“There is no getting over it, but only getting under it. Loss and grief change our landscape. The terrain is forever different and there is no normal to return to. There is only the inner task of making a new and accurate map”
Grief is tough, draining, and lonely as most people think they understand what you are going through; I have been there a couple of times, from losing my closest cousin, losing my mum, to getting laid off. We handle grief differently, but most grievers have something in common: you get judged, people make assumptions, they say hurtful things unintentionally, some relationships dissolve while others get stronger. Our culture does not prepare a lot of us to handle grief and care for people in grief.
“Grief is already a lonely experience. It rearranges your address book: people you thought would stay beside you through anything have either disappeared or they’ve behaved so badly, you cut them out yourself. Even those who truly love you, who want more than anything to stay beside you, fall short of joining you here. It can feel like you lost the entire world right along with the person who died. Many grieving people feel like they’re on another planet, or wish they could go to one. Somewhere there are others like them. People who understand.”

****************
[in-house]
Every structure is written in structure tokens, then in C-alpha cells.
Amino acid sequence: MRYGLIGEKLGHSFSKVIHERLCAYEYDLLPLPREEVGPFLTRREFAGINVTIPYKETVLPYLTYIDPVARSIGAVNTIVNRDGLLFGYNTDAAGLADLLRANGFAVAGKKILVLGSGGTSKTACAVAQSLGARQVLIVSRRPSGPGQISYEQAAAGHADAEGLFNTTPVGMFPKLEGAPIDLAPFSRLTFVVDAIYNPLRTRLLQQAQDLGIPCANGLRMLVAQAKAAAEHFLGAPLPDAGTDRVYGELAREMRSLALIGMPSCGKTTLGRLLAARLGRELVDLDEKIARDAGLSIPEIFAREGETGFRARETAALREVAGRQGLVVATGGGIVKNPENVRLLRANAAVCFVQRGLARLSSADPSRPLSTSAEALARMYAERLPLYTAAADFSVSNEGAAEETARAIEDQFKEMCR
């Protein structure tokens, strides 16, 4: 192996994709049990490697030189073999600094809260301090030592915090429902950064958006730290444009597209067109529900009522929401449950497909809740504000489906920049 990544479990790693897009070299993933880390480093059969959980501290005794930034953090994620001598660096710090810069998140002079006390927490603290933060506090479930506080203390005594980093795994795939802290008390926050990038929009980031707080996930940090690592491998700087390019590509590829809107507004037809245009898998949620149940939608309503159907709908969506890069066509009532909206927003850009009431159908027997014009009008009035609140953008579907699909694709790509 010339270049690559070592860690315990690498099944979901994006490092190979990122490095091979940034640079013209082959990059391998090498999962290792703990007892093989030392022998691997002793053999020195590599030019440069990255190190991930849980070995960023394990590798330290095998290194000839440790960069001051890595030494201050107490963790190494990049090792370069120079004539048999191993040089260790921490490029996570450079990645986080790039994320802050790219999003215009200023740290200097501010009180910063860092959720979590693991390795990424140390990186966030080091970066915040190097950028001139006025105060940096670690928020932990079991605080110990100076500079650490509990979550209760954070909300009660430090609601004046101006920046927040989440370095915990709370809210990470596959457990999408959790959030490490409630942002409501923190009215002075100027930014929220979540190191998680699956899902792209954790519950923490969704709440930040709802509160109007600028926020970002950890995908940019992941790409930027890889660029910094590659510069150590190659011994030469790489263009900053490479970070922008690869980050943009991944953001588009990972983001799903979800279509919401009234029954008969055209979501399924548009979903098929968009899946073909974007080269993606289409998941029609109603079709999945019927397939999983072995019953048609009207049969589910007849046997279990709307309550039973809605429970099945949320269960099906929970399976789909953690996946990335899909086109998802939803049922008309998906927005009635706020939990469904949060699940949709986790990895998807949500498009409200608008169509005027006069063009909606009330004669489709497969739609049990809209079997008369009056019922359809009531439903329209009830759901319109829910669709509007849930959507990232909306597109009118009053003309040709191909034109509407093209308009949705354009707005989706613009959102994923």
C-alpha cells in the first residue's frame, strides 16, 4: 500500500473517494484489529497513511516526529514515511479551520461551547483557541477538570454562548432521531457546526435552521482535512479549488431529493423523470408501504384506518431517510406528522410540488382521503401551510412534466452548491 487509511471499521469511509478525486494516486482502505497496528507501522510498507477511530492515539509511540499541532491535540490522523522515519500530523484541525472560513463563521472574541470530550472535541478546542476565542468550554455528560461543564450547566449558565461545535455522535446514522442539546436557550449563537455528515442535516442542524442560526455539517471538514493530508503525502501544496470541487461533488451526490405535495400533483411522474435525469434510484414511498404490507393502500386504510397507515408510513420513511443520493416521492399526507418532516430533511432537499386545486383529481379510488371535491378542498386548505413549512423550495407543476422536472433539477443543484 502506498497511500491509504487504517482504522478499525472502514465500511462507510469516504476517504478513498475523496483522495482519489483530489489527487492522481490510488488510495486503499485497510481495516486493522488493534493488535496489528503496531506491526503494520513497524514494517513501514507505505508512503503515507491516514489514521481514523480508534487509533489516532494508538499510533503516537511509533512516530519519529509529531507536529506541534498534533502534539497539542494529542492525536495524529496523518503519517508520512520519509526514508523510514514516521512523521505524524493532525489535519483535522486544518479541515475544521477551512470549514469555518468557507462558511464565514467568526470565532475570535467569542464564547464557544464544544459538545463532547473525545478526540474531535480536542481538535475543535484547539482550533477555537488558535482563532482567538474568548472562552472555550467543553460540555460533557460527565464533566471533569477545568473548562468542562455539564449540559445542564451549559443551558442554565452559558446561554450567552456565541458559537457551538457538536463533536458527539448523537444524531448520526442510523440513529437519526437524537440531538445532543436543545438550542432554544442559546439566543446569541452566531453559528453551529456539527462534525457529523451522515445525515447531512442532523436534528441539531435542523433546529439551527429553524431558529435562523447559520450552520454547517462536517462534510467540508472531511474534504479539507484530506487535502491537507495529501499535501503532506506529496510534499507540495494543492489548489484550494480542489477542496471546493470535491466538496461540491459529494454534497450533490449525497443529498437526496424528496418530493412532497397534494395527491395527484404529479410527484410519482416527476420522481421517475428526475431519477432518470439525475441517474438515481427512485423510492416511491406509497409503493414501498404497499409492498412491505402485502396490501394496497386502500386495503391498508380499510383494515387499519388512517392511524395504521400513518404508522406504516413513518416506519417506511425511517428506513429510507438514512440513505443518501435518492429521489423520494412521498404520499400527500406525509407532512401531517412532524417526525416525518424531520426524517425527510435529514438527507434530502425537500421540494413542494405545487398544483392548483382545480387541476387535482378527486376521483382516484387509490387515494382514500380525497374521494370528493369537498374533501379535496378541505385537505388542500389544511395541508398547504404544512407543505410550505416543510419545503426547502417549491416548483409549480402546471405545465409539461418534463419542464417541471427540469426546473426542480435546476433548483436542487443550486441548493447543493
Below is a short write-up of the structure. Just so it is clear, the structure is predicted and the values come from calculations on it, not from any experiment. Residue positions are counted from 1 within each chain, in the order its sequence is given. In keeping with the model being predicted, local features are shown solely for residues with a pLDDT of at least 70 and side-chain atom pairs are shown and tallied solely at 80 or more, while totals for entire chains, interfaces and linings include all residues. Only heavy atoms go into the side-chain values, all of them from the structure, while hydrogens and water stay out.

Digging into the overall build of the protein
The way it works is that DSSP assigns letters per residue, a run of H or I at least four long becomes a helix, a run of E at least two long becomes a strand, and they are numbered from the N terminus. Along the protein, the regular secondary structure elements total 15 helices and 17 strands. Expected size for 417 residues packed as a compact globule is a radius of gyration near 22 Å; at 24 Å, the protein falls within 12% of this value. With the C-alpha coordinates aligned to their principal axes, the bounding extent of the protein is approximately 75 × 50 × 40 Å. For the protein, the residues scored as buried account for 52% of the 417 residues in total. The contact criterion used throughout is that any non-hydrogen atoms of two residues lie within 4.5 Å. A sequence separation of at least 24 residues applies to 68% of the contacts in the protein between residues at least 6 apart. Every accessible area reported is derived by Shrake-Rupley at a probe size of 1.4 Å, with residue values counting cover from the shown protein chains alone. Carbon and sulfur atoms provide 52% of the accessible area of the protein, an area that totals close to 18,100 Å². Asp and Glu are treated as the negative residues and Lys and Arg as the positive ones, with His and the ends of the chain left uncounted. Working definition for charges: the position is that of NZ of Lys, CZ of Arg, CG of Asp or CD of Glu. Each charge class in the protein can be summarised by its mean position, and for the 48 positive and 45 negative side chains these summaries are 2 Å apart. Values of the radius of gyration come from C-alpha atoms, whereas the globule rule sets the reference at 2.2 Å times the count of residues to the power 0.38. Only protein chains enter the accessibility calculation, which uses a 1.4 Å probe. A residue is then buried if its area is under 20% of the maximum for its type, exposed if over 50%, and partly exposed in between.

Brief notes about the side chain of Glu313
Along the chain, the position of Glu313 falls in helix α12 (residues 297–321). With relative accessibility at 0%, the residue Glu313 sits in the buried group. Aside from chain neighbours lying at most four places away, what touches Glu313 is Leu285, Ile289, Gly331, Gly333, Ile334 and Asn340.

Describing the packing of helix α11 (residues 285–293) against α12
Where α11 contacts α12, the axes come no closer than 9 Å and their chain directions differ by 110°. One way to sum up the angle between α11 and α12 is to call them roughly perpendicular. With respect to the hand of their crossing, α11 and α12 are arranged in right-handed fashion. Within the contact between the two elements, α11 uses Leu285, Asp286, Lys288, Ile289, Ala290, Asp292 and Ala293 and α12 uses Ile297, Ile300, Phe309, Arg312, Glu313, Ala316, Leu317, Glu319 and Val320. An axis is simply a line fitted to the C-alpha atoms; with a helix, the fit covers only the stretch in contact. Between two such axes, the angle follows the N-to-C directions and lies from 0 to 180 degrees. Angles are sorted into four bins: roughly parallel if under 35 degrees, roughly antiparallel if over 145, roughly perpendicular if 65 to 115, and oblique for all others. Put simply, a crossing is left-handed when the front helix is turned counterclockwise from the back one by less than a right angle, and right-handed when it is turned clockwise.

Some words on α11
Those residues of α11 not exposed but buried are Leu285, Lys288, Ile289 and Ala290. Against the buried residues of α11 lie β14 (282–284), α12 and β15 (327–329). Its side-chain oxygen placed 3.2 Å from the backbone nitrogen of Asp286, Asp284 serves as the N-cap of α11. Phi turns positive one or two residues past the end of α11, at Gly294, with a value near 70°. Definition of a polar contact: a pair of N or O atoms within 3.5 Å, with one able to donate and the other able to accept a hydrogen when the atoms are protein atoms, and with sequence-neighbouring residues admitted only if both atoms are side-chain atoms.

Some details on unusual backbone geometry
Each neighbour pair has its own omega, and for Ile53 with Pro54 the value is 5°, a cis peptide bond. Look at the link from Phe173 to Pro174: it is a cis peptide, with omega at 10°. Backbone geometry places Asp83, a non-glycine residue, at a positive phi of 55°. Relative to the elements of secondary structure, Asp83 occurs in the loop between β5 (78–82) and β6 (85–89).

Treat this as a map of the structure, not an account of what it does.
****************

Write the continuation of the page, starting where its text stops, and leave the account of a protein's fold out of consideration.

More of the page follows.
The book provides a path to rethink our relationship with grief. It encourages readers to see their grief as a natural response to death and loss, rather than an aberrant condition needing transformation. By shifting the focus from grief as a problem to be solved to an experience to be tended, we give the reader what we most want for ourselves: understanding, compassion, validation, and a way through the pain.
In It’s OK That You’re Not OK, Megan Devine offers a profound new approach to both the experience of grief and the way we try to help others who have endured tragedy. Having experienced grief from both sides―as both a therapist and as a woman who witnessed the accidental drowning of her beloved partner―Megan writes with deep insight about the unspoken truths of loss, love, and healing. She debunks the culturally prescribed goal of returning to a normal, “happy” life, replacing it with a far healthier middle path, one that invites us to build a life alongside grief rather than seeking to overcome it.
“Grief is not a problem to be solved; it’s an experience to be carried. The work here is to find—and receive—support and comfort that helps you live with your reality. Companionship, not correction, is the way forward.”
Acknowledgment is one of the few things that actually helps. What you’re living can’t be fixed. It can’t be made better. There are no solutions. That means that our course of action inside grief is simple: helping you gauge what’s “normal” and finding ways to support your devastated heart. This part of the book is about helping you survive the bizarre territory of intense grief. Naming the craziness of this time is powerful: it helps to know what’s normal when nothing feels normal.
Here are my favourite takeaways from reading, It’s OK That You’re Not OK by Megan Devine: